Since the beginning of the debt crisis in 2009, both the country and the people of Greece have struggled under the weight of large sums of debt.
Now, one of the country’s biggest banks has announced plans to forgive or restructure the debts of its poorest clients to help ease some of the financial burden on them.
In a statement, the Bank of Piraeus called the economic situation in Greece a “humanitarian crisis”, and announced that it would be writing off the debts of clients who owe up to 20,000 euros ($21,600) on their credit cards or consumer loans.
The bank also said that would it would be temporarily freezing mortgage payments and forgiving any interest associated with them. However, clients must already be enrolled in a new government benefits program to qualify for the debt relief.
“Despite two bailouts worth up to 240 billion euros, six years of recession has wiped out a fifth of the Greek economy with many people being thrown out of their jobs or seeing their wages slashed.”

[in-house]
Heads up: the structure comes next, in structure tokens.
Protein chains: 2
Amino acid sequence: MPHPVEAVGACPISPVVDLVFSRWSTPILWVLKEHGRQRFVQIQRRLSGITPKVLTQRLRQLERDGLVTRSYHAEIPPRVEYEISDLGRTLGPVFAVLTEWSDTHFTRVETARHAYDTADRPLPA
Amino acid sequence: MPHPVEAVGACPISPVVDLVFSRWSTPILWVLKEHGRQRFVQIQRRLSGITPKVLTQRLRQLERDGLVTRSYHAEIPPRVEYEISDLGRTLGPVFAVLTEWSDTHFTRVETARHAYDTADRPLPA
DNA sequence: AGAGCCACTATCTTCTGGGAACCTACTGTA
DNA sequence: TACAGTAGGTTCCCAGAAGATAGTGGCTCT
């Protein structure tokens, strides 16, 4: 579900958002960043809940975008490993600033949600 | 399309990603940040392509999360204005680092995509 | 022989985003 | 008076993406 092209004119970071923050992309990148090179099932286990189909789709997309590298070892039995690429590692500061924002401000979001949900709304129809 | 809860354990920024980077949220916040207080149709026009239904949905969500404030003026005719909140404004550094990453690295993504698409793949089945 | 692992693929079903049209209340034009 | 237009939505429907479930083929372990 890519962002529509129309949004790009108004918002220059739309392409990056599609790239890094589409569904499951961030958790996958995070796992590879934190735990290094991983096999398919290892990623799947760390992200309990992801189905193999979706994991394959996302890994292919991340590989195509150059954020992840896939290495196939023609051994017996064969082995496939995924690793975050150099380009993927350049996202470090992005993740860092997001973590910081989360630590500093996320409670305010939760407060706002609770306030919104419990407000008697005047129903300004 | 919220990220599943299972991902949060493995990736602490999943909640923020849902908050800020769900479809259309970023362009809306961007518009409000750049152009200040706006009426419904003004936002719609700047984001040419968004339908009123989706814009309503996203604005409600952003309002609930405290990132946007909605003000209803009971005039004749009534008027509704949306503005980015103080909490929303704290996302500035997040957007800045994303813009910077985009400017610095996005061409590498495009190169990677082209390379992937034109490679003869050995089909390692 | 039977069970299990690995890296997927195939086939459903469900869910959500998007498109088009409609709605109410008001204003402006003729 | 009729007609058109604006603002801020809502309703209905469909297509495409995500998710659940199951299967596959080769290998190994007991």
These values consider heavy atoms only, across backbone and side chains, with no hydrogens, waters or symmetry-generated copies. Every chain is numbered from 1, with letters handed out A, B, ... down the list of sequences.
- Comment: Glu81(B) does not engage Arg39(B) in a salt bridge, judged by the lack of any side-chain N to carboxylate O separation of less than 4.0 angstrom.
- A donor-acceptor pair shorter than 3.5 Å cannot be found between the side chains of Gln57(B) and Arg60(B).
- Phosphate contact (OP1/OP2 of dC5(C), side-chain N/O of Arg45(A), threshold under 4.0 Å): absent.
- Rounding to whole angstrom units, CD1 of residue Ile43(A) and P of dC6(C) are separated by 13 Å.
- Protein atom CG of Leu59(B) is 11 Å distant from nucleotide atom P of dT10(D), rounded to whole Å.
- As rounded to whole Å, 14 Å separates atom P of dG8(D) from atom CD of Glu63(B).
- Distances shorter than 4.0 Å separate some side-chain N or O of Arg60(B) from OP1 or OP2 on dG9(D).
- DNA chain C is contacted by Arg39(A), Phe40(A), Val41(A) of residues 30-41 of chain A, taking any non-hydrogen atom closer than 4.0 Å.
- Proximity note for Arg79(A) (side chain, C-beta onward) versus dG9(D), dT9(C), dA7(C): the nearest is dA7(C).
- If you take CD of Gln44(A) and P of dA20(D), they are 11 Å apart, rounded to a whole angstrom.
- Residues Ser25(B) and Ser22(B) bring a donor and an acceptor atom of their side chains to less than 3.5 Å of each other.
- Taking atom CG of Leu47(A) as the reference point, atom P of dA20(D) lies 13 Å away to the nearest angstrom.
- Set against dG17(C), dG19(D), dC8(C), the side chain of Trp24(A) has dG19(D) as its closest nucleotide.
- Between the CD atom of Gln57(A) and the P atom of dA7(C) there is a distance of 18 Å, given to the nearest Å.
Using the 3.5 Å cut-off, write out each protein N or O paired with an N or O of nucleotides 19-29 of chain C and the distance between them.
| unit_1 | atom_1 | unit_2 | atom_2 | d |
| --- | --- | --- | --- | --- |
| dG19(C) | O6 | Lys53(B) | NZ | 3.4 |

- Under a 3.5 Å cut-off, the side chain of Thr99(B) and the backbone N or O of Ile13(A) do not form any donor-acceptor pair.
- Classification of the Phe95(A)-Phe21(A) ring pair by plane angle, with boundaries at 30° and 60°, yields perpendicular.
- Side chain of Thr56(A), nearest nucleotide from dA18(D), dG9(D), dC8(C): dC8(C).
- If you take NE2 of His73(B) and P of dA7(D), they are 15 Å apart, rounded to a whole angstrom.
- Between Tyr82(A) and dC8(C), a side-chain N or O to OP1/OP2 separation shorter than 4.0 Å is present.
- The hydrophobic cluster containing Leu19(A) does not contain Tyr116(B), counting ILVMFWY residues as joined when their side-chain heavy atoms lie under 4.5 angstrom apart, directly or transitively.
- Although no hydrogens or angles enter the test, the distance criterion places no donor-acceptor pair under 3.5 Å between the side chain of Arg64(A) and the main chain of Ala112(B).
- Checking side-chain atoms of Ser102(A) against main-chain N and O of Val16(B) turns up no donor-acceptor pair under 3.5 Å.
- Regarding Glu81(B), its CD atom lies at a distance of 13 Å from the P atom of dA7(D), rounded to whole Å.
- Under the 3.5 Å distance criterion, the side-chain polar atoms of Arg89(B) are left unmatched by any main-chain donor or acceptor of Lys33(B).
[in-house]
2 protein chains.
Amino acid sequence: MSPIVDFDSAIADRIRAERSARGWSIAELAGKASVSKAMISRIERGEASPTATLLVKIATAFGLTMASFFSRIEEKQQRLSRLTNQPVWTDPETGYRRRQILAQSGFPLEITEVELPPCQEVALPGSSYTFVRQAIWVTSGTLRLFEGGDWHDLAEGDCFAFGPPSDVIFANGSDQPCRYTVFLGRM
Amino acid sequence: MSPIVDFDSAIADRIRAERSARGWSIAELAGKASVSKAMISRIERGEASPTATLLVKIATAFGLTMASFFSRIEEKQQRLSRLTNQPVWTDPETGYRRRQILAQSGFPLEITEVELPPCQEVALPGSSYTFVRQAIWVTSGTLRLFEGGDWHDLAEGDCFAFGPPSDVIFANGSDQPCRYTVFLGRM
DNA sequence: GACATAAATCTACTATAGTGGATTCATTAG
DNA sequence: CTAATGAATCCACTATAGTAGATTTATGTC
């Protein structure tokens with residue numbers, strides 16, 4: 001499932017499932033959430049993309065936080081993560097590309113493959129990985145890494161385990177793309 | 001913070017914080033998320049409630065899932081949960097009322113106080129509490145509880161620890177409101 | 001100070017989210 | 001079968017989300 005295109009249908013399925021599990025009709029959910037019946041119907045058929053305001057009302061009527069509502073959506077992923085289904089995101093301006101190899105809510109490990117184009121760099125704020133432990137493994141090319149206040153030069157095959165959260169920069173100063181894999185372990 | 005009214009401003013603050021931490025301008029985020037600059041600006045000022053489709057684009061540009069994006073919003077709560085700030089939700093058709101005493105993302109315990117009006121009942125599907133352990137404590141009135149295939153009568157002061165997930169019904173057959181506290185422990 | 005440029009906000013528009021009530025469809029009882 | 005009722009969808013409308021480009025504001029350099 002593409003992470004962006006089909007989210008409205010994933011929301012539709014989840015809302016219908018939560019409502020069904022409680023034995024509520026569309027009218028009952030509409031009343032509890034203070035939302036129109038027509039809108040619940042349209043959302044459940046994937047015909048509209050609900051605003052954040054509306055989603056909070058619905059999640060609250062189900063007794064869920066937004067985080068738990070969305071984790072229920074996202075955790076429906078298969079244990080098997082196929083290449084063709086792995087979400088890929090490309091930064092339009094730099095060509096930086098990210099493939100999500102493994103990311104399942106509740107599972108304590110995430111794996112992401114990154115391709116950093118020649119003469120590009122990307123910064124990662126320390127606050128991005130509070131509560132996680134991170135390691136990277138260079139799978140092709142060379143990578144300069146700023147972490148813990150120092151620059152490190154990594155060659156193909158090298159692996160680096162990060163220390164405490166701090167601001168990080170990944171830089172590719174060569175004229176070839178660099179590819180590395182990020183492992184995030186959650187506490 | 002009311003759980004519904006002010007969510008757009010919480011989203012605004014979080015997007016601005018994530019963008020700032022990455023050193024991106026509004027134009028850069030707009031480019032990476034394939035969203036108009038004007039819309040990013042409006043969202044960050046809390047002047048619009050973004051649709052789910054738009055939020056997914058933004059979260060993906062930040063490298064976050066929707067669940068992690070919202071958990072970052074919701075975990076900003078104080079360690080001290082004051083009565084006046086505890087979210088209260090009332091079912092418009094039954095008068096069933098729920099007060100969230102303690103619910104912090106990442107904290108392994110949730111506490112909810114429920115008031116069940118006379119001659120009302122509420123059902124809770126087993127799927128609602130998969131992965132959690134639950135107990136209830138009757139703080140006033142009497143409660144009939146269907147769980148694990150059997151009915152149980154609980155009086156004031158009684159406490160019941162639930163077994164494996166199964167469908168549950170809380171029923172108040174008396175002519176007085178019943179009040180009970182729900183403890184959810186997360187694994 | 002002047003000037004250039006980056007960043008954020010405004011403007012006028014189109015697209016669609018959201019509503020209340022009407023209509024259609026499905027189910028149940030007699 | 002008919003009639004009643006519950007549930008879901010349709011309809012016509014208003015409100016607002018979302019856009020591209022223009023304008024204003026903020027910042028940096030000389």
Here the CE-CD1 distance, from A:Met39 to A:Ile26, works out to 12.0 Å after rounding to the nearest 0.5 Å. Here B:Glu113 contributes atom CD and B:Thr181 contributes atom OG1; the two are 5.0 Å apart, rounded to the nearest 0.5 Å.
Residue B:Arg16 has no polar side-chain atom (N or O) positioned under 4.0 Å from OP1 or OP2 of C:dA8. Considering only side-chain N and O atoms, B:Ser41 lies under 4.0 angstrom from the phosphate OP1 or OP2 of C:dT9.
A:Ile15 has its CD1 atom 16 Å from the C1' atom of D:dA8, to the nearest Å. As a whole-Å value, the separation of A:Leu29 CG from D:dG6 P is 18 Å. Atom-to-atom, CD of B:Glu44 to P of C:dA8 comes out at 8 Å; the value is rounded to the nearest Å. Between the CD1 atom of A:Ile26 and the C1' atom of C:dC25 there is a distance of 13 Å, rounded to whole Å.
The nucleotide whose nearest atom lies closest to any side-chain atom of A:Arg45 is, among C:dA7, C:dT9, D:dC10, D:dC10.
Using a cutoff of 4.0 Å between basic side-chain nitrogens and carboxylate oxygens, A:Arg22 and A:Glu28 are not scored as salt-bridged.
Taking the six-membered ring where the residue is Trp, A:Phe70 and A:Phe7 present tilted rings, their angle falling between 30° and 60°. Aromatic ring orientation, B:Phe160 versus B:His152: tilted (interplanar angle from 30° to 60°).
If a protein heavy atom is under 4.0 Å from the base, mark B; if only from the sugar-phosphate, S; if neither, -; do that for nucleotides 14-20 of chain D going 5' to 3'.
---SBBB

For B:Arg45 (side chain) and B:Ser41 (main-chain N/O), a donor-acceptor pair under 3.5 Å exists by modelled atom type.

Greece is currently engaged in tense negotiations with the European Union, European Central Bank and the International Monetary Fund as it tries to secure the remaining 7.2 billion euros of bailout loans that were set aside for the country.
If Greece is unable to secure these loans — which are contingent on the country enacting a number of financial reforms — the government could soon default on its debt. According to The Guardian,
“The state is scrambling to find funds to pay almost €2bn ($2.17bn) in wages and pensions and almost €1bn to the International Monetary Fund in the coming weeks.”
Money has become so tight that the Greek government recently issued a decree earlier forcing public sector entities to hand over any idle cash they had to the central bank.
The government said that the controversial decree was issued as a result of, “extremely urgent and unforeseen needs.”